I saw this story from 1922 while doom scrolling Twitter and thought I would try something different.
Some of you know that I’m obsessed with genealogy and have solved all sorts of family mysteries through my research. It’s not just for funzies either…if you would like me to help with your family tree, that is a service I provide for a reasonable price and I’ll include a bit of info at the bottom of this post. So I thought it would be interesting to see how things turned out for young Marie Baker.
While this story made national news, most outlets failed to publish the full story. I assume the truth of the matter sells fewer papers. Mrs. Kenney was the sister of Marie’s mother so the child was not sold. She was released to her aunt and uncle once her father’s negotiated debt was settled. This additional paragraph was found in under five minutes.
The caption below this photograph is outrageously irresponsible, inaccurate, and culturally insensitive. Everyone responsible for it appearing in print deserved to be fired.
What do we know? Marie’s aunt married John Kenney from Rentville, Minnesota and Marie’s last name was Baker. Compared to some people I’ve researched, that’s a lot. I read all of the other newspaper reports on the story and found Marie’s father’s name was also John.
Unfortunately, there is no “Rentville” in Minnesota. The correct name is Renville. Here’s the aunt and uncle with their biological children on the 1920 Federal Census.
John T Kenney and Pearl (Duncan) Kenney moved around quite a bit but I was able to track them to Illinois and later to California. Pearl’s obituary said daughter Mrs. Mary Hood lived in Lake City, Arkansas.
The discrepancy between Mary and Marie is something I’ve seen many times and it’s maddening. To make sure I had the correct family, I looked into Pearl’s family. The 1900 Federal Census lists Pearl with her parents and siblings in Illinois.
Jeannie (Myrtle Jeannette) Duncan was Mary/Marie’s biological mother. I had a little trouble finding information about the father, who was listed in the newspaper as John Baker. His birth name was Tjarko Janssen Bakker and it was anglicized when he immigrated to the US. This was probably a good idea since he served in the German military prior to World War I. He worked as a waiter in a hotel restaurant when he arrived in the US.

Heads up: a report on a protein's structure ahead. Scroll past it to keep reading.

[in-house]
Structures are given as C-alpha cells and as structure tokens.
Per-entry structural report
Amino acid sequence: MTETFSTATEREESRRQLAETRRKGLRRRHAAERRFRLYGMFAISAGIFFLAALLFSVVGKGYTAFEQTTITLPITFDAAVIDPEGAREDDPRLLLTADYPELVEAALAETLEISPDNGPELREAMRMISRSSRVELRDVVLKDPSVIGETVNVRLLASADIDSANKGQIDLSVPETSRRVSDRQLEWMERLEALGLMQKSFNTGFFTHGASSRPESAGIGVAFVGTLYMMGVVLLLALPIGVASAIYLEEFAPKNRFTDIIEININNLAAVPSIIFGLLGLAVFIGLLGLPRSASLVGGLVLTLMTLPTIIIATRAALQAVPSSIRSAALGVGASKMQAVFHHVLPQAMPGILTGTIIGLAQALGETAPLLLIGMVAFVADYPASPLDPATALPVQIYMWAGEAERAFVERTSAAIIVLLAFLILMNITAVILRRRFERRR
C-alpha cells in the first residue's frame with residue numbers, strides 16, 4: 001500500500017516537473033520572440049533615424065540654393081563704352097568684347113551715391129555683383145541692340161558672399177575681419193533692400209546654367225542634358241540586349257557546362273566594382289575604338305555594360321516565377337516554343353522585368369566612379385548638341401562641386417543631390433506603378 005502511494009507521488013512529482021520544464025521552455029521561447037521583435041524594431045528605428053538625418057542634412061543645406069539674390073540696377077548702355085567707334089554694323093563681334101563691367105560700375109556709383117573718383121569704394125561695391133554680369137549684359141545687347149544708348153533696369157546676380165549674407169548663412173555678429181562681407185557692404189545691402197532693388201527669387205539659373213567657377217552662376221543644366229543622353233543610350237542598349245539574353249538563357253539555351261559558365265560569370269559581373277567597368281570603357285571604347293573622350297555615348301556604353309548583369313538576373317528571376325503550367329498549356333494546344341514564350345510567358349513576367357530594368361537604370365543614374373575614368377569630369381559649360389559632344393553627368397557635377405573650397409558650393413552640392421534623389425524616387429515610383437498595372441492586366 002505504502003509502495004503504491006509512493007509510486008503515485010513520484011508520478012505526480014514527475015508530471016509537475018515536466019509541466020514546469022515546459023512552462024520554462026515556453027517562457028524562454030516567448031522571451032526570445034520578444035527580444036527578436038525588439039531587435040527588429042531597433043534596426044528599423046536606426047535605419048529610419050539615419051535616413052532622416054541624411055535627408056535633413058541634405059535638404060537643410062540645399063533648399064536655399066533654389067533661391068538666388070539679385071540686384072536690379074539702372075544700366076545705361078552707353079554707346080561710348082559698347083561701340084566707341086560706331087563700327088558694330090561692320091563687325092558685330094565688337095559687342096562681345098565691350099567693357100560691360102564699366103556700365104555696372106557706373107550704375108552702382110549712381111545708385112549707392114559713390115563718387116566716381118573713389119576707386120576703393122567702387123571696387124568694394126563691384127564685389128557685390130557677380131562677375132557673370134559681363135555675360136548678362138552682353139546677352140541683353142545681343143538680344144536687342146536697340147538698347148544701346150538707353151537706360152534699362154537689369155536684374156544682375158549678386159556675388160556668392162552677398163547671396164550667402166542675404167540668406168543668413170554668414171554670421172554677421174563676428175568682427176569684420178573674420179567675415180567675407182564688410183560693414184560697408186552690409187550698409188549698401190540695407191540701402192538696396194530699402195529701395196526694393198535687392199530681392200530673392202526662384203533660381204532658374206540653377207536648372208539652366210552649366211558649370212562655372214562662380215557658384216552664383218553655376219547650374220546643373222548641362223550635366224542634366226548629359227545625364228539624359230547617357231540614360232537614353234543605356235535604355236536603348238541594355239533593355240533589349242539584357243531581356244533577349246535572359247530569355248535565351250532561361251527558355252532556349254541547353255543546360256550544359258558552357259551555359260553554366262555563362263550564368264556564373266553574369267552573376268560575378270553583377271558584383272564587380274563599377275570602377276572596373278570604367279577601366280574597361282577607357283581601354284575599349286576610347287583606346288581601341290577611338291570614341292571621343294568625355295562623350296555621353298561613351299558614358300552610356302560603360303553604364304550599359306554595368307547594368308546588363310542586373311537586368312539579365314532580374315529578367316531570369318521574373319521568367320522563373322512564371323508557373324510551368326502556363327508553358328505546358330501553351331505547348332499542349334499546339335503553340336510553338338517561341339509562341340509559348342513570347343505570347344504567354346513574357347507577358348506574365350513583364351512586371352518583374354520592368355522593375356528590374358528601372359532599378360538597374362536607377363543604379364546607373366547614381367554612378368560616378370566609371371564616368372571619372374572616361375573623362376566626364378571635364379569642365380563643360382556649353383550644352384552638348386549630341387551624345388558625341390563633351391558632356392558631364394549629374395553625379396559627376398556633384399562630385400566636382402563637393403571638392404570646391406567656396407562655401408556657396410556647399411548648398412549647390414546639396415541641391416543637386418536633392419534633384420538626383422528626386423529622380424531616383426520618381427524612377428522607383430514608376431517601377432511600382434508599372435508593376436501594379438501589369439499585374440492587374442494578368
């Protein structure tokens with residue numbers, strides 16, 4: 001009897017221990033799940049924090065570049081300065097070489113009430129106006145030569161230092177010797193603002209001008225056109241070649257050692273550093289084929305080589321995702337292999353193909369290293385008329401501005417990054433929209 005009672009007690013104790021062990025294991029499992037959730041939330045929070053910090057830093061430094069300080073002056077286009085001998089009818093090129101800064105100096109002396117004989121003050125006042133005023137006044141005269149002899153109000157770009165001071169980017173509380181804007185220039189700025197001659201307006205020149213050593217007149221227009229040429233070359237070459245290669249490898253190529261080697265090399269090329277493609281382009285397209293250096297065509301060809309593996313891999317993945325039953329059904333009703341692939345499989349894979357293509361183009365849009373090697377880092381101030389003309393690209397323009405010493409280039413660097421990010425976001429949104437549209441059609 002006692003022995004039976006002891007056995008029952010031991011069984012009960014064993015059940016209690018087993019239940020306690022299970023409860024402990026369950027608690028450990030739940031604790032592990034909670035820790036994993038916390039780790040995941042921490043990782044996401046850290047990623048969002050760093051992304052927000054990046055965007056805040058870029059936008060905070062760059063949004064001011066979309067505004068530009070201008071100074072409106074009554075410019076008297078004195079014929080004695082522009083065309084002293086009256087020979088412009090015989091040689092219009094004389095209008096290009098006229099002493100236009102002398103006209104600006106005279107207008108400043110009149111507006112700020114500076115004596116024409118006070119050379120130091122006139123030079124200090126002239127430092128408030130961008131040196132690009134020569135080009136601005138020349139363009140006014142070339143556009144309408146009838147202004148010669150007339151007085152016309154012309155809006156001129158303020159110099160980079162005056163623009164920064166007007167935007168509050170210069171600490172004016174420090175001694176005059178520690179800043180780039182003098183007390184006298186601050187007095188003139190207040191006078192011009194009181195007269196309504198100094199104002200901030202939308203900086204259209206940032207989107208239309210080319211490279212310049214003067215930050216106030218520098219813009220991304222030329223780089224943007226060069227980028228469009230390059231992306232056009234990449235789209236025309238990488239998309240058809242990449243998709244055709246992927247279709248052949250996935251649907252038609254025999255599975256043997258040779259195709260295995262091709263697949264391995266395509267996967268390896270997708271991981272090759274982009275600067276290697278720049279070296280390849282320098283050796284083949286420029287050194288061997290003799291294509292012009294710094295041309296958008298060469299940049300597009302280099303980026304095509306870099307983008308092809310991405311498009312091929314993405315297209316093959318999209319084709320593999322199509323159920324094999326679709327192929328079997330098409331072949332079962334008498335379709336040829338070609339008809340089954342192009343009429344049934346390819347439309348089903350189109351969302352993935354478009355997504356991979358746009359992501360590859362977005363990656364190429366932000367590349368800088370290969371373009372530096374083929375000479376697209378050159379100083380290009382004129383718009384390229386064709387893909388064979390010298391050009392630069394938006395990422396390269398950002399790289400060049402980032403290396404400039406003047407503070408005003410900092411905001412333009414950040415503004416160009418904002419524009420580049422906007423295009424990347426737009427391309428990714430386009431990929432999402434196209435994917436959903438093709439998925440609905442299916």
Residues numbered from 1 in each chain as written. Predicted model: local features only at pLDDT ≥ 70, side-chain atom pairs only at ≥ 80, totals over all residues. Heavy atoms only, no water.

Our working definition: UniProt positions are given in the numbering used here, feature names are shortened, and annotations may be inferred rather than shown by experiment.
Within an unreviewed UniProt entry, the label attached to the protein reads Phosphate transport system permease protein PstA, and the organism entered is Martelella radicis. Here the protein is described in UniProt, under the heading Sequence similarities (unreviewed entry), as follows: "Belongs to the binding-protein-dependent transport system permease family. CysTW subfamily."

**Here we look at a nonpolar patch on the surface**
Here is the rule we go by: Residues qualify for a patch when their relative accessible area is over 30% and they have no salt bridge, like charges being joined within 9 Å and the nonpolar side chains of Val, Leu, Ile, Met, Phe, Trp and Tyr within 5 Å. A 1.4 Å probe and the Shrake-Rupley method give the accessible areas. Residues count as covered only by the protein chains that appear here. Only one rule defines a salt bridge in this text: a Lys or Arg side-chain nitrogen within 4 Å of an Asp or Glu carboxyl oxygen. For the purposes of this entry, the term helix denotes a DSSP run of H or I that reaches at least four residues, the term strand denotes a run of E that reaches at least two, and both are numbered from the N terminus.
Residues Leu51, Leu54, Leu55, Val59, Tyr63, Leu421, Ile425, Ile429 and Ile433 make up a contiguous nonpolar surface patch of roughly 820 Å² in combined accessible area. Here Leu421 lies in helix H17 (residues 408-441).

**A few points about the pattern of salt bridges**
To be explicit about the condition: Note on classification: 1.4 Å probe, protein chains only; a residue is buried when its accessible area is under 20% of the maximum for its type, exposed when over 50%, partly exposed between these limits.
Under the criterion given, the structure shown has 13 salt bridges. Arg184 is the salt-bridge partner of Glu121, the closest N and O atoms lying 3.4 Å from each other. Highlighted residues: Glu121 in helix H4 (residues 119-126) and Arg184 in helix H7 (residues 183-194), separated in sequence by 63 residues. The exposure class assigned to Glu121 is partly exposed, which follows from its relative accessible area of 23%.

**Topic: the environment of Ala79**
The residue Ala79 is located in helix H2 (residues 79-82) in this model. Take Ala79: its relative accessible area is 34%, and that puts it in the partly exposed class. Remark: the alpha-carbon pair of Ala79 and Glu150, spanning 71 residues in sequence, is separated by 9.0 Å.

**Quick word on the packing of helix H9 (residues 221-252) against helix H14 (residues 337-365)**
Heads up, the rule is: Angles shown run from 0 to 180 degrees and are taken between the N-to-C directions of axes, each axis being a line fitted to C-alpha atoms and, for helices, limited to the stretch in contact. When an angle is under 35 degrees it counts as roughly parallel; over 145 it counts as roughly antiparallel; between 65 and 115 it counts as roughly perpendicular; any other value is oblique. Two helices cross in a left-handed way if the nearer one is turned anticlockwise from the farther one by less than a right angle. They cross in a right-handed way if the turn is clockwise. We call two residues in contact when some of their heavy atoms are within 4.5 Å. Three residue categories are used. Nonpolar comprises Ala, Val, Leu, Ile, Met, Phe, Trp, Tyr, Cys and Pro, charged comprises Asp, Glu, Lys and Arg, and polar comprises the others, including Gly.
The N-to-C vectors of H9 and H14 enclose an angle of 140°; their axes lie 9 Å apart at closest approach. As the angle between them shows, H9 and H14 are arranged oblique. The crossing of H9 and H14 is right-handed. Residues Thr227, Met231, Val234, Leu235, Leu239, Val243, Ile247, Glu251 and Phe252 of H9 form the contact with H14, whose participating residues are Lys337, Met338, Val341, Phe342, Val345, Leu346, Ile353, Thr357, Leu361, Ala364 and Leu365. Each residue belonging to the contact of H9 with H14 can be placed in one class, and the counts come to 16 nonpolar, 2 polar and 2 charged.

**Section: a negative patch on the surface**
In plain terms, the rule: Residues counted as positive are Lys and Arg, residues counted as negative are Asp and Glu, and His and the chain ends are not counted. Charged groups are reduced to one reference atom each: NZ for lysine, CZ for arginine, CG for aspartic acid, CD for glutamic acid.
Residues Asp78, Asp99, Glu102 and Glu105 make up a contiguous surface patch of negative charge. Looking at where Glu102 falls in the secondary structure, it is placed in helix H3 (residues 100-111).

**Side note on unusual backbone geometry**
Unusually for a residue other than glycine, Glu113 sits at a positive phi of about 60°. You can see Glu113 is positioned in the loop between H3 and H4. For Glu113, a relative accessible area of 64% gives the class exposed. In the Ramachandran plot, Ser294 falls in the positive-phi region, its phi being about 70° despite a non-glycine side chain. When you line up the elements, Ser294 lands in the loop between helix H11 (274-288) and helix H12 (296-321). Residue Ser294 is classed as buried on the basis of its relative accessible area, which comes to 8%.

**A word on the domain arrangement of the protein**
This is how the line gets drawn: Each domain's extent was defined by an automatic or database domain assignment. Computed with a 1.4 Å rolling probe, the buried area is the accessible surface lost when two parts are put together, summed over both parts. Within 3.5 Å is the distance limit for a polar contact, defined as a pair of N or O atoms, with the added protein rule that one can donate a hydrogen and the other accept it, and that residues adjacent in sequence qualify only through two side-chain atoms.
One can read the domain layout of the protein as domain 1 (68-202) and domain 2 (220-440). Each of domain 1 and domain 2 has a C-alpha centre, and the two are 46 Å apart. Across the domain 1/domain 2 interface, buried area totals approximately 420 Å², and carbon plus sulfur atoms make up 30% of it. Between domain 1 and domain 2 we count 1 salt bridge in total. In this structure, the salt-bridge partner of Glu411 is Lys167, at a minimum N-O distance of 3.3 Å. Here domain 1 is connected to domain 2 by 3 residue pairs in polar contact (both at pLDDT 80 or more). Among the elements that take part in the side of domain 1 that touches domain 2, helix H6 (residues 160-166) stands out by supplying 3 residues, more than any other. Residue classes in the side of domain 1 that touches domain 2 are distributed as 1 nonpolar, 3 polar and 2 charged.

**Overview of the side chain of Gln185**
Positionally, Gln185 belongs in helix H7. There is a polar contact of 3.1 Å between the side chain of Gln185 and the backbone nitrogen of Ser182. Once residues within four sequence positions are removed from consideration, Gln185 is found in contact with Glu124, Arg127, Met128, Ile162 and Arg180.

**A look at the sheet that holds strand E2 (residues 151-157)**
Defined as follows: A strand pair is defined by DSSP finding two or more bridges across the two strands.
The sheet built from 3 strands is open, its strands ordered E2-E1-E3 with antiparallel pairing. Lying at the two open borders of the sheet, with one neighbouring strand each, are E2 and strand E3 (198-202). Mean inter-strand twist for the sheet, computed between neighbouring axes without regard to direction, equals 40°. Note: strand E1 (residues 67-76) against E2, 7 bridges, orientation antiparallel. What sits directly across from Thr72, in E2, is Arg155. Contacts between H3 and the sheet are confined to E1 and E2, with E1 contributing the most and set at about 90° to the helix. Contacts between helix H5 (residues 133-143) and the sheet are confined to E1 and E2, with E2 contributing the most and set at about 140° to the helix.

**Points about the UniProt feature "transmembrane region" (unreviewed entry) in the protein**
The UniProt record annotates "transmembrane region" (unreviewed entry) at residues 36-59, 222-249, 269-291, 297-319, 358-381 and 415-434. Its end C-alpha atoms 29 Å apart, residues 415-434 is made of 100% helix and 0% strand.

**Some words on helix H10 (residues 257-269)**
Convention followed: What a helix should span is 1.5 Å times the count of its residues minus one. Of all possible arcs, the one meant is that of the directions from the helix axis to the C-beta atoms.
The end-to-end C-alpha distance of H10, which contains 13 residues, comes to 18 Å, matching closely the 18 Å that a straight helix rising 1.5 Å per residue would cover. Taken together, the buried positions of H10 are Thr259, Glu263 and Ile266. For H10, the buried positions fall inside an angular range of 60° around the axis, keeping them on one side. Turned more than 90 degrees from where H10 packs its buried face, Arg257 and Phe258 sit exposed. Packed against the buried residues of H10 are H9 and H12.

Jeannie died of pneumonia in December of 1918. John Baker is listed as the husband and that matches the initial newspaper article.
This was obviously during the horrible flu epidemic and Mary/Marie’s older sister, Hilka, died just a few days before their mother.
Mary/Marie did not live with her father right after her sister and mother died. Instead, she stayed with her grandmother, Joanna Duncan at least until 1920. On the 1920 Federal Census, her name was listed as Mary Bakker. Her last name was changed to Kenney after being “sold” to her aunt and uncle. She later moved to Arkansas, where she married Ernest E Hood in 1947.
Their son, Ernest E Hood, Jr. was born in October of 1949. Ernest Jr. moved to Georgia and unfortunately, died very young at the age of 41.
The eldest Ernest died in 1996 and Mary/Marie died in November of 2001. I didn’t bother digging deeper on John Baker. This is just what I was able to compile in an afternoon. The point of this exercise was to show that newspapers have been tricking readers with sensational headlines since the invention of the printing press. If a story provokes an intense emotional reaction, it’s probably misleading you.
Mary Bakker Kenney Hood had a complicated life with a great deal of tragedy but she had a very large family that appeared to love her very much. As always, there was more to the story of the girl who was “sold to the highest bidder.”
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